To illustrate the distinction between functional models and circuit models, consider a model that explains the spiking activity of a V1 simple cell by the application of an oriented linear filter to the stimulus, followed by a rectification nonlinearity. This model, known as an LN or linear-nonlinear model [24], is a functional but not a circuit model—it describes how stimuli relate to responses, but does not characterize the many stages of processing performed by the visual system before V1 (e.g. retina, LGN) nor the specific neural circuit by which orientation tuning arises [e.g. feedforward computation on LGN afferents or intracortical processing within V1—see 27]. Nevertheless, the model is useful for understanding how stimuli are represented in the visual system.

The SOC model developed in this paper is a functional model—it characterizes the relationship between visual stimuli and measured BOLD responses. Like functional models of neuronal responses, the SOC model does not propose specific neural circuits. Rather, the SOC model provides insight at the functional level, that is, in identifying the aspects of the stimulus that drive responses in different visual field maps. For example, the model indicates that second-order contrast is an important factor that drives population responses in V2 and V3, and we can reasonably infer that this same stimulus property drives responses of individual neurons in these maps. To test and expand upon this hypothesis, one could adapt the stimuli and model used in this study to single-unit electrophysiology and assess how well neuronal responses are accounted for. In doing so, we may find it necessary to extend the model to account for response properties that are evident at the level of individual neurons but which are not readily observed at the population level.

Nonlinearities in neurovascular coupling

Neural activity is coupled to the BOLD response through a complex set of neurovascular mechanisms [23], [28]. Thus, physiological responses measured using BOLD fMRI reflect both neural activity and these coupling mechanisms. Since the coupling mechanisms are not explicitly modeled in the present work, an implicit assumption in the interpretation of our results is that the BOLD response provides a linear (or approximately linear) measure of some aggregated neural activity. Under this assumption, we attribute the various nonlinear operations in the SOC model to nonlinearities arising in neural processing. However, there may be nonlinearities in neurovascular coupling, and this possibility limits the inferences we can make from our BOLD measurements. For example, if there is a nonlinearity in the relationship between the total amount of neural activity in a voxel and the strength of the BOLD response measured from that voxel, then the level of compression estimated by the Compressive nonlinearity component of the SOC model may differ from the level of compression associated with the underlying neural activity. Going forward, we believe that developing a better understanding of the different types of neural activity (e.g. synaptic activity, spiking activity) and the mechanisms that couple these various types of neural activity to the BOLD response is of high importance.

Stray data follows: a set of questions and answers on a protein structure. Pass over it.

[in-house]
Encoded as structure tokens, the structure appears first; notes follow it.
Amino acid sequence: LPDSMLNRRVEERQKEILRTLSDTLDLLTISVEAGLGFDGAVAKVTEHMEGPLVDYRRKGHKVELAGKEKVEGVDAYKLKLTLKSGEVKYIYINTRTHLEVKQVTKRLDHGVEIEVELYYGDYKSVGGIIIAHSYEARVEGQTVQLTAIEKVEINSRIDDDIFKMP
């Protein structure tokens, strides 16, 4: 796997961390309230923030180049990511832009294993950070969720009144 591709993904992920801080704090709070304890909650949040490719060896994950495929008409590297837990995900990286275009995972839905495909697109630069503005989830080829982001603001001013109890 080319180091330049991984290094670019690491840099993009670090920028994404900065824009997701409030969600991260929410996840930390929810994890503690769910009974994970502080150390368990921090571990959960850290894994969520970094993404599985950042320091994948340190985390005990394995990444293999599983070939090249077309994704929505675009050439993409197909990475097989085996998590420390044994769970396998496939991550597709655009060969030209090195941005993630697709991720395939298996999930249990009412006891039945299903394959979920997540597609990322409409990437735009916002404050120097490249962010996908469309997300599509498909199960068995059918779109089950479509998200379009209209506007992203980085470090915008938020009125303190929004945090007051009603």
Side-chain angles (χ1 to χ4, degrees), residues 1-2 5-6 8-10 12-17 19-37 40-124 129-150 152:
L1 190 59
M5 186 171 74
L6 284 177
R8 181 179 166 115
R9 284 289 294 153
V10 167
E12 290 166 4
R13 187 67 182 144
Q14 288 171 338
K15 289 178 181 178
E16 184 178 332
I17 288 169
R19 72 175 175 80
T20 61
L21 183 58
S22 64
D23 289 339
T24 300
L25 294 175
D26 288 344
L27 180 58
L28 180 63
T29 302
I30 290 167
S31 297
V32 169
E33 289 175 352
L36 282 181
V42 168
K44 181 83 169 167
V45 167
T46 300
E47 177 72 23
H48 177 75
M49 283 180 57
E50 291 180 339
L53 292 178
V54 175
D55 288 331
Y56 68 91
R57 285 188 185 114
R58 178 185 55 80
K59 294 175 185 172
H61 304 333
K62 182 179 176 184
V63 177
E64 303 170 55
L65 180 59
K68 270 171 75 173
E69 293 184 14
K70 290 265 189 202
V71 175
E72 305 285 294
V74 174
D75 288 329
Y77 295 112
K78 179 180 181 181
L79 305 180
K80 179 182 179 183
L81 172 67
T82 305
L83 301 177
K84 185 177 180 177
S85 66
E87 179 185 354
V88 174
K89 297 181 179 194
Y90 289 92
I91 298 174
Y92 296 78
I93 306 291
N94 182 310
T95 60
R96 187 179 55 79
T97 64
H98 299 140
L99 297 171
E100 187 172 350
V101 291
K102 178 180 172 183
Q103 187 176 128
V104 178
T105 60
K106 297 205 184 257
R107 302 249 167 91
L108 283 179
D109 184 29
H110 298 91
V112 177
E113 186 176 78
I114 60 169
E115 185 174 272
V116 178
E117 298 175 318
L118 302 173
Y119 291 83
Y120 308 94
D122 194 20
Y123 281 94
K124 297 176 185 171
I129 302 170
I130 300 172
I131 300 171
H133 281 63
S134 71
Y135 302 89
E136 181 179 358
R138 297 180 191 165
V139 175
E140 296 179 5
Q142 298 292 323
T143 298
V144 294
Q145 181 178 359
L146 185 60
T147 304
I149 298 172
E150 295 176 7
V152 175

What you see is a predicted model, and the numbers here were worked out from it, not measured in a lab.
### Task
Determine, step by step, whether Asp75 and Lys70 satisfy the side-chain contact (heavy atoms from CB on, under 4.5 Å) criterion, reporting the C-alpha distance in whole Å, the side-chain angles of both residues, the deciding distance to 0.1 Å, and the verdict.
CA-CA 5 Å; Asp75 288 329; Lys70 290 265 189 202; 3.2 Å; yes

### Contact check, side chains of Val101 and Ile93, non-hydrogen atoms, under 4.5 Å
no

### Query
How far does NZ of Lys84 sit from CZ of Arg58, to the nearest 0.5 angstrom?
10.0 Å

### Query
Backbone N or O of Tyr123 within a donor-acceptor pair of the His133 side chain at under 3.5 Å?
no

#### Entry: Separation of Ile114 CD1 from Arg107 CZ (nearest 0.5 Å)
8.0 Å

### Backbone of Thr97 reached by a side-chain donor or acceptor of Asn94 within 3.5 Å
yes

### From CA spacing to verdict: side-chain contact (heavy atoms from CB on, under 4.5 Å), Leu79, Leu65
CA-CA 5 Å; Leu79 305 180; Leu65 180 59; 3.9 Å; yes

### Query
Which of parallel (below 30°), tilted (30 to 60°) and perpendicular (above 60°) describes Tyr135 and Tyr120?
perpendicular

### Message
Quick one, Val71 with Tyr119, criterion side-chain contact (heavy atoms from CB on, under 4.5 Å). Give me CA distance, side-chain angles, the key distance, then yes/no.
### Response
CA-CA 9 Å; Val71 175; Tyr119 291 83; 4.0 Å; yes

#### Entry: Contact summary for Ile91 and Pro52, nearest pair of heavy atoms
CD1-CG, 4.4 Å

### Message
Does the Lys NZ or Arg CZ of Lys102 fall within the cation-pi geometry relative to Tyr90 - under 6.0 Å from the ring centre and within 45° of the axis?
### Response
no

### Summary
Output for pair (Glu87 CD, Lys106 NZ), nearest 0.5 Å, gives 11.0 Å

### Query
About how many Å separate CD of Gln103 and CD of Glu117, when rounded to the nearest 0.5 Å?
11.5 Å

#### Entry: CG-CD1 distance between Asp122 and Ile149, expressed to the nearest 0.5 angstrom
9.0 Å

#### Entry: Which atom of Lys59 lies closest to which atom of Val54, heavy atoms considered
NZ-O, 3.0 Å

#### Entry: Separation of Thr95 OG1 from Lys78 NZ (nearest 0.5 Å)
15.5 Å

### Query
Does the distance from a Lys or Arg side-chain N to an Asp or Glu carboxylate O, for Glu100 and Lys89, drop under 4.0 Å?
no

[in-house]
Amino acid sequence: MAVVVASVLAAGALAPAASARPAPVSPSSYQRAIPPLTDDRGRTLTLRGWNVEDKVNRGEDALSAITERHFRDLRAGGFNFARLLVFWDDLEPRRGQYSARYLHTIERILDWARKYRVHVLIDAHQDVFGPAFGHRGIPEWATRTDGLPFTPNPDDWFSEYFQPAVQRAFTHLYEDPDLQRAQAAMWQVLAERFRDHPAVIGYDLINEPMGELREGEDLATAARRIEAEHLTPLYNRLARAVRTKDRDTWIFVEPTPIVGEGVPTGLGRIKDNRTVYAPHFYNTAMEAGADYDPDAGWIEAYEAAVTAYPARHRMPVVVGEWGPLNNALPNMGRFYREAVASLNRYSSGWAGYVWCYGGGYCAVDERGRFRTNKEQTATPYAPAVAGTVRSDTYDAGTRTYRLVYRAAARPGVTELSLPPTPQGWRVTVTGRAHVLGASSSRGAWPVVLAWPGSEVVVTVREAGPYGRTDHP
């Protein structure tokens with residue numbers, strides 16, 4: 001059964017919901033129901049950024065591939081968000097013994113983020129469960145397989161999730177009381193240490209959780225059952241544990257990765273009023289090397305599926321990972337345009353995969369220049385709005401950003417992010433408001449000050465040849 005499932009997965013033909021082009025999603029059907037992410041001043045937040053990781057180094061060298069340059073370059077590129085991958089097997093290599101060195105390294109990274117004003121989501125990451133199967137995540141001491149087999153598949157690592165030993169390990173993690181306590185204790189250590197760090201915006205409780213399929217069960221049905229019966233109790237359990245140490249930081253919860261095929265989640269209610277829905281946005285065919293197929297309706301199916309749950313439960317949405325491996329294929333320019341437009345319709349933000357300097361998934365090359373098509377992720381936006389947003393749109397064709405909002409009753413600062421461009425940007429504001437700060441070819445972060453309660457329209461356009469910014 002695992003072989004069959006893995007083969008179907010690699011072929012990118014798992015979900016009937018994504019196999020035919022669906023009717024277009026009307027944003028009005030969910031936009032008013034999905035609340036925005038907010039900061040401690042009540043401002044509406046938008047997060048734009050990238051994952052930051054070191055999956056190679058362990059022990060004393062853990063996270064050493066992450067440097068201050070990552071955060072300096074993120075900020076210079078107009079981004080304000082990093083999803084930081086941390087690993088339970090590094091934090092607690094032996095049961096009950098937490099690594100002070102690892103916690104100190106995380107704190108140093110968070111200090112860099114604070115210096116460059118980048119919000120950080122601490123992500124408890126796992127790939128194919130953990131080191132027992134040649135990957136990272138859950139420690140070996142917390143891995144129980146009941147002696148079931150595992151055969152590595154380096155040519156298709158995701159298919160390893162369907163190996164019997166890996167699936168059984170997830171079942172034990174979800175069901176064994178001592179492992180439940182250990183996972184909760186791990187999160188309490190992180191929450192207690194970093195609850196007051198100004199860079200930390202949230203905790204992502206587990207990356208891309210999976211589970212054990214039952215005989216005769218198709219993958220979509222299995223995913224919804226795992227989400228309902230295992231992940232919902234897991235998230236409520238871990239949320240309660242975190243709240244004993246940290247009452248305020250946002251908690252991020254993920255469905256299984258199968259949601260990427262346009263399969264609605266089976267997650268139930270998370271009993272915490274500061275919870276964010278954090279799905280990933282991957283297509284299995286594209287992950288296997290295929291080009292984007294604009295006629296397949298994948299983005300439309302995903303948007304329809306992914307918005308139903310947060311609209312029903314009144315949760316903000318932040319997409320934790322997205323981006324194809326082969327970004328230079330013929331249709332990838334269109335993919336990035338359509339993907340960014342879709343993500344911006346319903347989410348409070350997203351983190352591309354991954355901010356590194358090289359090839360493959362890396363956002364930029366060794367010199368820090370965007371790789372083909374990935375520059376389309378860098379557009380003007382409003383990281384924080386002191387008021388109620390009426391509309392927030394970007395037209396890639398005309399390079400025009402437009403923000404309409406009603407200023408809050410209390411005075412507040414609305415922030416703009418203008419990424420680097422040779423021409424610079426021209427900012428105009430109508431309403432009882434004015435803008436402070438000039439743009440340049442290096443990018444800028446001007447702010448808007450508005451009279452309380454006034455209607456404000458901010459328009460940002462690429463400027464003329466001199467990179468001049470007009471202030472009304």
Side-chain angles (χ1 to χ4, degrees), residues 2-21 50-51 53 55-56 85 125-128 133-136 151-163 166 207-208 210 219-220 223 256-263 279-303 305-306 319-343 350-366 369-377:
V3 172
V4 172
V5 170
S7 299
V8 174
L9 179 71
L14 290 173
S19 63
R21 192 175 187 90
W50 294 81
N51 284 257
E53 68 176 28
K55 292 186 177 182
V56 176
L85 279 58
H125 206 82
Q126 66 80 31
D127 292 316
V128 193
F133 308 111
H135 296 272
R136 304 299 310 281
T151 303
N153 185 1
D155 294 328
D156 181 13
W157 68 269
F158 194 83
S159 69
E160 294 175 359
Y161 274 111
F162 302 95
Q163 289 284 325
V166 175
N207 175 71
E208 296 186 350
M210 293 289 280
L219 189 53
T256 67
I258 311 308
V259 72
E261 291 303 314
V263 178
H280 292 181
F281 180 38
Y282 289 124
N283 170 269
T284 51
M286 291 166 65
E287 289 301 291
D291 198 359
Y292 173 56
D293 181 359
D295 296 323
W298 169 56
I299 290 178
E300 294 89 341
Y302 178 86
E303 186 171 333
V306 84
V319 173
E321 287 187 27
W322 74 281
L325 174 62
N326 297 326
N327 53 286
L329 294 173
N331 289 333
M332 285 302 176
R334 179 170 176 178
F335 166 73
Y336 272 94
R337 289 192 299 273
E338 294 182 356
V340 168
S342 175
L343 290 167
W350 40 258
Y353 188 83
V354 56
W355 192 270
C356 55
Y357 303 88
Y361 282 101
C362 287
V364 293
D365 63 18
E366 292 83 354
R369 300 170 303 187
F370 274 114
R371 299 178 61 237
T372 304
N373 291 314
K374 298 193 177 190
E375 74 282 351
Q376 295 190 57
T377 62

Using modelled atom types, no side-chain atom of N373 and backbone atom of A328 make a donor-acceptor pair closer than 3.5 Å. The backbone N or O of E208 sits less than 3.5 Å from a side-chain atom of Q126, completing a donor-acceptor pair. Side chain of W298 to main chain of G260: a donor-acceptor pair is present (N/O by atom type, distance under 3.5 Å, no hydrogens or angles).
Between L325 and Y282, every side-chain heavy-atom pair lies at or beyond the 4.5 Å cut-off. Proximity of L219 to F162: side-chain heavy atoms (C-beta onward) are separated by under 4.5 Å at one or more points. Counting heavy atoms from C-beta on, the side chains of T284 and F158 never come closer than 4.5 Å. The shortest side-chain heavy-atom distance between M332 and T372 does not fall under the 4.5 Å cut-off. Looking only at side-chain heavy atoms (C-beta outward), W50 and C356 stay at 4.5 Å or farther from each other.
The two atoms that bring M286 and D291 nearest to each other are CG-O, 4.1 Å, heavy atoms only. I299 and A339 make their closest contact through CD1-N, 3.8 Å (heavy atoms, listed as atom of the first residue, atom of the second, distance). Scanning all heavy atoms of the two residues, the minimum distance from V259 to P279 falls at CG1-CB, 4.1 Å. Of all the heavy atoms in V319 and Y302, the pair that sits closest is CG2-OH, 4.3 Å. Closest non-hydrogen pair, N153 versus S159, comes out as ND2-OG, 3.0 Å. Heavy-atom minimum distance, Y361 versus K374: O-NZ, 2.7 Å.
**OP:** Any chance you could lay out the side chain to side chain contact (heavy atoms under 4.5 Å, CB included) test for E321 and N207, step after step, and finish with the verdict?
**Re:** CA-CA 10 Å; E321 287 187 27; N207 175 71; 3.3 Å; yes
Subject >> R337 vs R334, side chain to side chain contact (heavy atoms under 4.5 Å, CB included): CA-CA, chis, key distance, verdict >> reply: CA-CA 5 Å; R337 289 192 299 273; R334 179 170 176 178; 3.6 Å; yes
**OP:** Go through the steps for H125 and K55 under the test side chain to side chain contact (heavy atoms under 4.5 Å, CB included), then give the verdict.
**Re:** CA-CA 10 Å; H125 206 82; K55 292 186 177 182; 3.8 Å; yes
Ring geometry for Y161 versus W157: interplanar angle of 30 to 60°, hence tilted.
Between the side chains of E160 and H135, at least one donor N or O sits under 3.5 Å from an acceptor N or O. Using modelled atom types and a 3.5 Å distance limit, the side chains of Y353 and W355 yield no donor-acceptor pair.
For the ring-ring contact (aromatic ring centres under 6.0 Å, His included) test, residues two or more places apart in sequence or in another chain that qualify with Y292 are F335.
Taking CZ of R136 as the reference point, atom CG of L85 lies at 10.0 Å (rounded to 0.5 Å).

Cascade architecture of the SOC model

The SOC model has a cascade architecture, consisting of a series of computations that are applied to the stimulus. The success of the SOC model is consistent with the long-standing hypothesis that the visual system can be characterized as a cascade of operations [29][34]. However, cascade models come in a variety of different forms and vary in essential characteristics such as the number of stages in the model and the computations that are applied at each stage. Our work contributes to the field by proposing a specific model and showing that this model quantitatively accounts for a sizable range of experimental measurements in the living human brain.

The SOC model is most similar to the cascade model that is being developed by Heeger, Landy, and colleagues [34], [35]. These authors propose that the stimulus is transformed through two or more stages of canonical operations, each stage consisting of filtering, which is a linear operation (L); rectification, which is a nonlinear operation (N); and normalization, which is a nonlinear operation (N). Mapping these operations onto the SOC model, we see that the SOC model is a two-stage cascade model with an overall form of LNNLNN (Figure 2A).

There are differences between the SOC model and the Heeger-Landy model. First, the SOC model is fully computable, starting with images and predicting physiological responses. Second, the filtering operation in the second stage of the SOC model is generic: variance in contrast-energy drives responses irrespective of how contrast-energy is arranged in the stimulus. In contrast, the Heeger-Landy model uses oriented second-order filters. Third, the normalization operation in the second stage of the SOC model is implemented as a compressive nonlinearity. This is reasonable because under certain conditions, the effects of divisive normalization can be approximated with a compressive nonlinearity [11].